Skip to main content

Halo movie will happen, despite Microsoft's greed

Halo's franchise developer Frank O'Connor has said a movie of the Halo games series will happen despite the best efforts of Microsoft's lawyers.

O'Connor told the New York Videogame Critics Circle, "There will be a Halo movie," later adding: "We want to have Halo on any screen we have access to," fuelling speculation about a possible TV series.

The web site also told the tale of a chance meeting between O'Connor and a 'high-powered network executive' at which the TV boss said, "We want to do something with Halo." O'Connor's response was, "Bring piles of money" to which the exec retorted, "For Halo we will."

Rumours of a Halo movie have been doing the rounds for years now with such luminaries as Lord Of The Rings Director Peter Jackson and actor Denzel Washington earmarked for the project.

But all has thus far come to naught and O'Connor has spilled the beans as to why. "It was the lawyers,” he said. “When they went behind closed doors with the contracts, things fell apart. The problem was that the movie company couldn’t make any money beyond the movie.”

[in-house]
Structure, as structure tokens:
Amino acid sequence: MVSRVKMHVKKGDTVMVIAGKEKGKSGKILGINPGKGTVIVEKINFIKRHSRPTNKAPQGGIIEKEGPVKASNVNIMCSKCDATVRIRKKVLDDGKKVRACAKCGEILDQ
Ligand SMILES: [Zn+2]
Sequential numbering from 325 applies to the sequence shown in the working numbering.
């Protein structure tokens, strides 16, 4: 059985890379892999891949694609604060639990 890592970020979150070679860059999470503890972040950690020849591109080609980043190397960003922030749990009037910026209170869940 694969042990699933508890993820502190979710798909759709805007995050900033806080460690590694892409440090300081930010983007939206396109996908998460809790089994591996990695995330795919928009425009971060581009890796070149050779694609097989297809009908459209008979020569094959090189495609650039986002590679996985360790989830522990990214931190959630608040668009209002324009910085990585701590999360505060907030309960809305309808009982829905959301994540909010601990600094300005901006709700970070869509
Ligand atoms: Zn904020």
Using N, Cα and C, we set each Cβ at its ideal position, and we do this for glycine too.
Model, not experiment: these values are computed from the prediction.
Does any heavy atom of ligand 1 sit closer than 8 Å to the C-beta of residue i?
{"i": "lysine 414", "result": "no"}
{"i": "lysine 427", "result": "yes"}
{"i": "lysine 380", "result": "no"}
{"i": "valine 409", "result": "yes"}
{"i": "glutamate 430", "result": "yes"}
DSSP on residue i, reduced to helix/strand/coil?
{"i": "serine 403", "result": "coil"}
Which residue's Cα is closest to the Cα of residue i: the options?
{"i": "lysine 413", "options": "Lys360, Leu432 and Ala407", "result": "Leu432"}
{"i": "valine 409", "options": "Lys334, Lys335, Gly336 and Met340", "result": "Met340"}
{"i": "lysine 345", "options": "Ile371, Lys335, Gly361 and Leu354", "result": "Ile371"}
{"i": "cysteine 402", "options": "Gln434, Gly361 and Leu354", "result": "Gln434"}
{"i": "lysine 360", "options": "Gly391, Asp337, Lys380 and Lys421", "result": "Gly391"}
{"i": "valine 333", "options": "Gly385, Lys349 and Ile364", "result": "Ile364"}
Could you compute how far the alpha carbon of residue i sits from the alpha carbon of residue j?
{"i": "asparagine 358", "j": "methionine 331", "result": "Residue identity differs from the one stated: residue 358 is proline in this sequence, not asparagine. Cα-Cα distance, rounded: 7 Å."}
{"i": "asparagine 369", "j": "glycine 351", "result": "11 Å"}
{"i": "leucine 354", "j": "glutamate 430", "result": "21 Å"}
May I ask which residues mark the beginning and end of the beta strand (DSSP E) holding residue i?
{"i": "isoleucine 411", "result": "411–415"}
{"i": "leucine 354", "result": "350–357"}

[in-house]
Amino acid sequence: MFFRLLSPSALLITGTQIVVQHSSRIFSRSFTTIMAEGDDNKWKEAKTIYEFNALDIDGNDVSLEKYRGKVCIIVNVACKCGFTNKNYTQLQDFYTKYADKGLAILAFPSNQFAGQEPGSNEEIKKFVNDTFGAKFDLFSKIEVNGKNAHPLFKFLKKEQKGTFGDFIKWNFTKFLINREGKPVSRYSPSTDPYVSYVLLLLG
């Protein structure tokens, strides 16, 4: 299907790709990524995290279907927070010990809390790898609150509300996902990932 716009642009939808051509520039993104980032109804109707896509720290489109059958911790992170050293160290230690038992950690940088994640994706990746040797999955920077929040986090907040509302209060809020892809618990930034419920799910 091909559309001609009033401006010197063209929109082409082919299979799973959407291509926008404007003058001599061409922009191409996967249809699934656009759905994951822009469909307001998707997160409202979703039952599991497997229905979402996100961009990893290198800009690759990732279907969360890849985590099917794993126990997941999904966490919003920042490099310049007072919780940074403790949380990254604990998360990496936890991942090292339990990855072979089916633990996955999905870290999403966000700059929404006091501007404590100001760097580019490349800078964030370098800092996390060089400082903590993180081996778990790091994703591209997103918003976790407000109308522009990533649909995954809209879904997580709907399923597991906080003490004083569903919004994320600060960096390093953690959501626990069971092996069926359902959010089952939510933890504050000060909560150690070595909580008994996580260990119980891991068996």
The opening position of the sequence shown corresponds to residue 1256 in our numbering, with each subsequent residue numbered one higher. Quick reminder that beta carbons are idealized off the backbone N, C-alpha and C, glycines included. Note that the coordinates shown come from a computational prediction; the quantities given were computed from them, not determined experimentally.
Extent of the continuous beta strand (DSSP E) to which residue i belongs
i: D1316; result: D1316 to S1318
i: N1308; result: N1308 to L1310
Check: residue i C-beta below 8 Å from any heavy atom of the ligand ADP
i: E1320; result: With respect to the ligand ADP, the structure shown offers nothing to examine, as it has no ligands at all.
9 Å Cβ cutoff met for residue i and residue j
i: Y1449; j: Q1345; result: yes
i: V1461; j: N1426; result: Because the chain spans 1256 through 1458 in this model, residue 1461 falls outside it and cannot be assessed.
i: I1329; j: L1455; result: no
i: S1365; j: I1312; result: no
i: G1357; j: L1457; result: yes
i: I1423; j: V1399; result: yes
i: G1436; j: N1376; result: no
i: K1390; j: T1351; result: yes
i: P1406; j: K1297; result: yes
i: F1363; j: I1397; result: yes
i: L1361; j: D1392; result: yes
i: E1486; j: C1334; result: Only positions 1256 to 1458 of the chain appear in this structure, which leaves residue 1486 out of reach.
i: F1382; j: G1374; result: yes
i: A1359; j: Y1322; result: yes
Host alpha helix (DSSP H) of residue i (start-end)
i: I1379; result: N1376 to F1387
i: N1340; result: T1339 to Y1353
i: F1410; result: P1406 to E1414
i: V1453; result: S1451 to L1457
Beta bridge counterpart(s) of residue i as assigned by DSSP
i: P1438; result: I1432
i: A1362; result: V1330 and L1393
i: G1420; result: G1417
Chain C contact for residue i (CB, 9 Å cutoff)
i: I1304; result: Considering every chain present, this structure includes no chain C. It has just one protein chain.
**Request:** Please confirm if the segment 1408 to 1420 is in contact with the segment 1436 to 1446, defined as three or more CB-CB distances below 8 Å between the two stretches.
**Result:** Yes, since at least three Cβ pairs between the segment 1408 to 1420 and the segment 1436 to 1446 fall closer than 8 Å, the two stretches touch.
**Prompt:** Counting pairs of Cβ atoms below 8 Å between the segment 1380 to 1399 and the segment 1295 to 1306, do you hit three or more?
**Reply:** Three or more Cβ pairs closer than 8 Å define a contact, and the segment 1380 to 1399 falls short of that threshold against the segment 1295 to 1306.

It's common knowledge that very few Hollywood blockbusters make money out of putting bums on cinema seats. The big bucks come from the residuals. The action figures, the DVDs, the BluRay disks and the T-shirts.

The problem is that Microsoft owns the entire Halo brand and is reluctant to relinquish any part of that brand capable of turning a buck.

There is another alternative, of course. Microsoft could always fund the production itself. It's not as if the software monopolist is short of a bob or two. And O'Connor agrees.

"There will be a Halo movie. We don’t need a movie. But we’d like a movie. We’d like the moms of gamers to see the movies because they would love our characters. Maybe we’ll even fund it ourselves," he said.

Microsoft may have a bottomless bag of cash, but we're not convinced all the money in the world would persuade Slumdog Millionaire director Danny Boyle to take Bill's old shilling. O'Connor, on the other hand, seems to think otherwise:

"If Danny Boyle wants to make a Danny Boyle-style movie, that’s great," he said. "Let Danny Boyle be Danny Boyle. We would not constrain a director."

Wishful thinking indeed.